Maharashtra 2030: A Hypothesis


Amravati: India was witnessing variable monsoon in the past few years. The year 2020 was marked by surplus rain in June, deficit rain in July, and surplus rain in August and September, as reported by the Ministry of Earth Sciences. This inconsistency in the monsoon rainfall pattern was an indication that extreme weather events might become the norm, rather than the exception, in the coming years. Little did we know then worse things lied ahead of the CIVID 19 pandemic. In the Global Climate Risk Index 2020, India ranked seventh in the list of countries worst hit by extreme events. This didn’t augur well for the farming community, especially small and marginal farmers, and the agricultural yield in general. Keeping the increased frequency of extreme weather events in mind, in 2021 Google announced the expansion of its Artificial Intelligence (AI)-powered flood forecasting to all of India. The tool provided details on timing and water depth alerts in Hindi and Bengali, among other local languages. Meanwhile, the government of India launched an Extended Range Forecast System for climate risk management in agriculture, which was designed to improve monsoon forecasts. It also offered tailored climate information for farming and other rural livelihoods in nine monsoon-affected states of India, including Himachal Pradesh, Uttarakhand, Rajasthan, Maharashtra, and Tamil Nadu. However, these initiatives weren’t adequate as evidenced by increasing agricultural losses. Degrading soil health and changing climate was the rise for micropropagation and vertical farming in India. To meet the rising demands for food and nutrition without adverse environmental footprints, efficient methodologies and protocols were developed, capable of overcoming these limitations associated with plant mutation breeding in Vegetatively propagated crops and horticultural tree crops.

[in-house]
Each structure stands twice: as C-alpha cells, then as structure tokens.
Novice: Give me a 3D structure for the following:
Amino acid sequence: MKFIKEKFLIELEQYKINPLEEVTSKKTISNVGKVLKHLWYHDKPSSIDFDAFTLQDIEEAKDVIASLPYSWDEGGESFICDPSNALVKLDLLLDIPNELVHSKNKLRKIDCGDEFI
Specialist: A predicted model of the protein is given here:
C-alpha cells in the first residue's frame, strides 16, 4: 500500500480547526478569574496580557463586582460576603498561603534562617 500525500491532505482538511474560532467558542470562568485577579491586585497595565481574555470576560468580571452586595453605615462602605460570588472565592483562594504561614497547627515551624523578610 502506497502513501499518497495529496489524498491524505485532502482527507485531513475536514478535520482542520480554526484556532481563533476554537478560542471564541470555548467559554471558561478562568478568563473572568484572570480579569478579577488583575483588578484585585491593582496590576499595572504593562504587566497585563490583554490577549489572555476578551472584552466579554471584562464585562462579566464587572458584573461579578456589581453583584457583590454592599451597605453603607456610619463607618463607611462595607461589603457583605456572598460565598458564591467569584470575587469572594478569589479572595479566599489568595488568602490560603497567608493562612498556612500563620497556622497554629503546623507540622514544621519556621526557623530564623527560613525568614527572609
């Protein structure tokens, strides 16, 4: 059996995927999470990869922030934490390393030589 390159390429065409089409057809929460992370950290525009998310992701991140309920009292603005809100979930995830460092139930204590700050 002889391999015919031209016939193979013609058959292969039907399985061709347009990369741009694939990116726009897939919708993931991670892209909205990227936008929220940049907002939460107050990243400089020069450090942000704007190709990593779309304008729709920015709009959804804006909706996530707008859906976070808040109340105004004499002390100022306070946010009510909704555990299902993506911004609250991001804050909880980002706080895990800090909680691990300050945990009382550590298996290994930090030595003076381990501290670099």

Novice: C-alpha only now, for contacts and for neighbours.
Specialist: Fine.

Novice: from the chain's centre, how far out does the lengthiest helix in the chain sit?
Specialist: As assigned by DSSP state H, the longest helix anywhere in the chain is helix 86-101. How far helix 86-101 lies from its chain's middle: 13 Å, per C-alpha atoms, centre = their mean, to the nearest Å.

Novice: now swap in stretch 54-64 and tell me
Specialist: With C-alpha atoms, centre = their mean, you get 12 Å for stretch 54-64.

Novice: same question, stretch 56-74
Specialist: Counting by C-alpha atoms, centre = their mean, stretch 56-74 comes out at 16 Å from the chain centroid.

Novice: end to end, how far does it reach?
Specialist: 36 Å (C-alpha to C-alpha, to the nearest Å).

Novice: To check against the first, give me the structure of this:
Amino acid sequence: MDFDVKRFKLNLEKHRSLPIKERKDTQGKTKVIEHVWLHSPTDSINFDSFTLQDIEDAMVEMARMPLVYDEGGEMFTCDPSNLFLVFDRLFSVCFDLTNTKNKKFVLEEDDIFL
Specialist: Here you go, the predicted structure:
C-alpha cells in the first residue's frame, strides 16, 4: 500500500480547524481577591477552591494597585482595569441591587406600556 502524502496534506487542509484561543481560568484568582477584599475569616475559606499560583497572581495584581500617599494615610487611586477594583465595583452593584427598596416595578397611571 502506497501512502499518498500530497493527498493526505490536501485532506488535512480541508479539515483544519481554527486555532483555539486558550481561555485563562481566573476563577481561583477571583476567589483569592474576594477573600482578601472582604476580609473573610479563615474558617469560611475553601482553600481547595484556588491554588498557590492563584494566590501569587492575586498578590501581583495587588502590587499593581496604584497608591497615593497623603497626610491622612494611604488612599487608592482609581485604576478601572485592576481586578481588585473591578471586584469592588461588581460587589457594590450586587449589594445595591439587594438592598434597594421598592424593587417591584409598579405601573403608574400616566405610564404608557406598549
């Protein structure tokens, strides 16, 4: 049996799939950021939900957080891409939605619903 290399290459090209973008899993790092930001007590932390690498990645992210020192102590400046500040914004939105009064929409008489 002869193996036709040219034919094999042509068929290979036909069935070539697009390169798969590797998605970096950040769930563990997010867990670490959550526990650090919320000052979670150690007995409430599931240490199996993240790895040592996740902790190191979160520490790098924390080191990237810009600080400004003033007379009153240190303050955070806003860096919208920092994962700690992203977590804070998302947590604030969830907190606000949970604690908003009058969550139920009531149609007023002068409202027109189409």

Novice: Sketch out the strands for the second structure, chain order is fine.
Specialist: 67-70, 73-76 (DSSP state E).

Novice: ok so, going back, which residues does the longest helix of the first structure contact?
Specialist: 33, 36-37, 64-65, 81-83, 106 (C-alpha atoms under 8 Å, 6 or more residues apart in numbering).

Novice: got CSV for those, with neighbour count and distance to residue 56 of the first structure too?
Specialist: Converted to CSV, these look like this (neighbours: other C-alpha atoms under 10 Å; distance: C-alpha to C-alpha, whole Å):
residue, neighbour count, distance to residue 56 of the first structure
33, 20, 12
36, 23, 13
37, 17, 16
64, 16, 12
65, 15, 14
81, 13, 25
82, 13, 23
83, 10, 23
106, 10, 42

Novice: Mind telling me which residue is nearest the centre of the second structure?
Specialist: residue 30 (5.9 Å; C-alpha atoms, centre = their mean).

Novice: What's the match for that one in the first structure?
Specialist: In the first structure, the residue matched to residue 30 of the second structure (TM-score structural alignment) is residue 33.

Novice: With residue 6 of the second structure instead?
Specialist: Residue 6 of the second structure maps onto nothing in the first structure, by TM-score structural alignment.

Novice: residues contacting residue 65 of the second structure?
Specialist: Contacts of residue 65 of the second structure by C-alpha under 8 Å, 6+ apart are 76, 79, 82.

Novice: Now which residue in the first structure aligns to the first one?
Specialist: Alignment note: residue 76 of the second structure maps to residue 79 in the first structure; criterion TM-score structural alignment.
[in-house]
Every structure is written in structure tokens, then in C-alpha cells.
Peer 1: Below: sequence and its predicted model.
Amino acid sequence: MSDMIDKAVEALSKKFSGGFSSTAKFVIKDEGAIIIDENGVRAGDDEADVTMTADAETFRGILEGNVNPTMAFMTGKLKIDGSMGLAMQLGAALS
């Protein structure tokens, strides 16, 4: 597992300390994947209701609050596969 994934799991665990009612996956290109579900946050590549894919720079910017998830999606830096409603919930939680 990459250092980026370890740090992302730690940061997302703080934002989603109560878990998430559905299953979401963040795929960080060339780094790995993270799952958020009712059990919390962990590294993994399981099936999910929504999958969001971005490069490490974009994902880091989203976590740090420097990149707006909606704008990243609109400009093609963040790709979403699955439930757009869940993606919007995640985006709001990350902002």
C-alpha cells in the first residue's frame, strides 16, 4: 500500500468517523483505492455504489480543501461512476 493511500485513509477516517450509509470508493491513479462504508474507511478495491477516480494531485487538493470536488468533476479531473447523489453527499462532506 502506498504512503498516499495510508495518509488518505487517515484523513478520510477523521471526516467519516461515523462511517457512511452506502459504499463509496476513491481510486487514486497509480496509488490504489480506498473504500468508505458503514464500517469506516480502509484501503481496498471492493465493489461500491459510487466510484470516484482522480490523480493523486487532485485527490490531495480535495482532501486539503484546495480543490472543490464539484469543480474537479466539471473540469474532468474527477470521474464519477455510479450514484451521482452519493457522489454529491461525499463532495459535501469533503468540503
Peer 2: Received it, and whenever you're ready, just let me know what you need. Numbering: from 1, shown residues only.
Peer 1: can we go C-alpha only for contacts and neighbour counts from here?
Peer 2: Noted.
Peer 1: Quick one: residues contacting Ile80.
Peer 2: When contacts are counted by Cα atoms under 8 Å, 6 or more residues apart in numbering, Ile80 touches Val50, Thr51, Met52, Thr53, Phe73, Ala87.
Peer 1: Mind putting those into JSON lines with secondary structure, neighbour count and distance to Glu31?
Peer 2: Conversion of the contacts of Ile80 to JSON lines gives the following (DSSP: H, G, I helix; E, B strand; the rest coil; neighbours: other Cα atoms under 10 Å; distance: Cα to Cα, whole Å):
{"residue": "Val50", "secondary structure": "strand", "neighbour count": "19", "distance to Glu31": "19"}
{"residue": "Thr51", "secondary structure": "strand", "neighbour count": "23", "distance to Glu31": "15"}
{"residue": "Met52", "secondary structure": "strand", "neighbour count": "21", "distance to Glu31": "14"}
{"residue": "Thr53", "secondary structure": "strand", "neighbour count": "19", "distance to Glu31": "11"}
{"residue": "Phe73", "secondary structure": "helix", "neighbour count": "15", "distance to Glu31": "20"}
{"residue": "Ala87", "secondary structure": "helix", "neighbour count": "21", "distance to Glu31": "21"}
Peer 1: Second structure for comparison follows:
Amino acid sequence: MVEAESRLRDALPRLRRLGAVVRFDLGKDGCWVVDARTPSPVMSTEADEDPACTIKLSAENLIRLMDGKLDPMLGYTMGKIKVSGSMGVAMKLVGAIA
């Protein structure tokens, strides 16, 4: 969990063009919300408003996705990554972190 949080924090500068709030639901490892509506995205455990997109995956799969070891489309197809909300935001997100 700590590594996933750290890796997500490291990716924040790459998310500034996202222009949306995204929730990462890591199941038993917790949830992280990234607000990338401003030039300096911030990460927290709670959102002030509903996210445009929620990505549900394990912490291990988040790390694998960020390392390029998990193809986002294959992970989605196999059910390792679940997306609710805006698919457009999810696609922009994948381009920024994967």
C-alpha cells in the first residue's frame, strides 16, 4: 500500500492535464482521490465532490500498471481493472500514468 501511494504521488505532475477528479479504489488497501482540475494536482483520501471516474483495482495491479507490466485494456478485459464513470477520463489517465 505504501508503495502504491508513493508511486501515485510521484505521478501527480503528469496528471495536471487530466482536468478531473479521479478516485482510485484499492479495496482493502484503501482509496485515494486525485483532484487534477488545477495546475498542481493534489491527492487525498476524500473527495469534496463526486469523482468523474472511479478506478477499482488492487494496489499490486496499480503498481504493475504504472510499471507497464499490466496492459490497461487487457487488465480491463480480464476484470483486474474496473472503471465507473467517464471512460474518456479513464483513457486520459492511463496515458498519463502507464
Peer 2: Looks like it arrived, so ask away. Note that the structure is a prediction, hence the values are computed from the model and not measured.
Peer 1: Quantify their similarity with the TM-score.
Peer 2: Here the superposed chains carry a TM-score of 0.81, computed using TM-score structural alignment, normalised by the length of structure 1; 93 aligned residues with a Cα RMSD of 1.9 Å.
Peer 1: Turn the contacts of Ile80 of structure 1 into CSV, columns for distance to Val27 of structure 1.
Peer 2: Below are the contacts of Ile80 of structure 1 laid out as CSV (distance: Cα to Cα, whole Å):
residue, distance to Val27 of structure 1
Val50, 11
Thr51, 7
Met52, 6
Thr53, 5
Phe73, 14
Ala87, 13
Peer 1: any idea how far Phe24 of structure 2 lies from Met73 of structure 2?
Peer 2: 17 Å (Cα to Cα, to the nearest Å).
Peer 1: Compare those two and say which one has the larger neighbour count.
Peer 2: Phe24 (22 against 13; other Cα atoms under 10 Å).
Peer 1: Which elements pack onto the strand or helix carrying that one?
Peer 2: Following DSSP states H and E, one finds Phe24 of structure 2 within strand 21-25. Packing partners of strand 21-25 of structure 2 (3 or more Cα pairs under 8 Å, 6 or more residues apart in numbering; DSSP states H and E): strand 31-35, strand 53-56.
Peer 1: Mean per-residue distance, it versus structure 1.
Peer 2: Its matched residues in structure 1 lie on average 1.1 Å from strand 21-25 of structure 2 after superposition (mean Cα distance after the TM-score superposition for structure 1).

In Jan 2023 the ICAR, in cooperation with the Food and Agriculture Organization of the United Nations (FAO), is launched a new Coordinated Research Project (CRP) with a time frame of five years to develop novel genetic resources, methodologies and tools for accelerated breeding for productivity improvement in VPCs (root and tuber crops) and HTCs (olive) by using mutation induction and associated biotechnologies.

Tech-revolution is changing the way India is farming. Sham Kajdekar, owner of Vadli Farm in Amravati district of Maharashtra uses app based on satellite imagery to keep tab on what is going in his farm. Similarly, farmers in Khutahan village in Mirzapur recently learned to use drones for planting seeds. A team of agricultural experts from Punjabrao Agriculture University demonstrated the use of drones in fields of rice and wheat. Tractors could not be used for tilling due to wet soil.

In rural India, the new generation of tech- savvy farmers like are re-inventing agriculture methods. By adopting new techniques and by analysing data gathered from sensory gadgets present in tractors, farmers can take decisions about the imagery of crops.

“Through the data that is collected through precision farming or deep tech, decisions for agronomic processes on farms can be taken. The right measures taken towards precision farming and deep tech should be made available at affordable costs to these farmers and will help them in improving their productivity and to achieve better profitability,” tells Kailash Sajeev, CEO and Co-founder of FarmTools, an agritech platform for smart agriculture solutions.

The agricultural ministry along with the Rural Department of Agriculture Development had introducted the Jaivik Kheti scheme motivating the farmers to shift to Organic farming. The Precision Agricultural sensors were now available in the Sheti Vibhag stores for subsidised rates, thanks to FarmTools.

“Indian farmers are receptive and changing with time. If we can show them the value in the context of their farming services will flow,” says Hemant Sinha, co-founder of Unnati Agritech, a Noida based Agritech platform. Borkar’s firm FarmERP is working effectively towards modernising small hold farmers and aims towards making them independent and more efficient in their agriculture practices. They help in mapping and tracing this entire process, from pre-sowing to harvesting, procurement, and sales to traceability. Though it is not new in India, it is still in early days and catching up.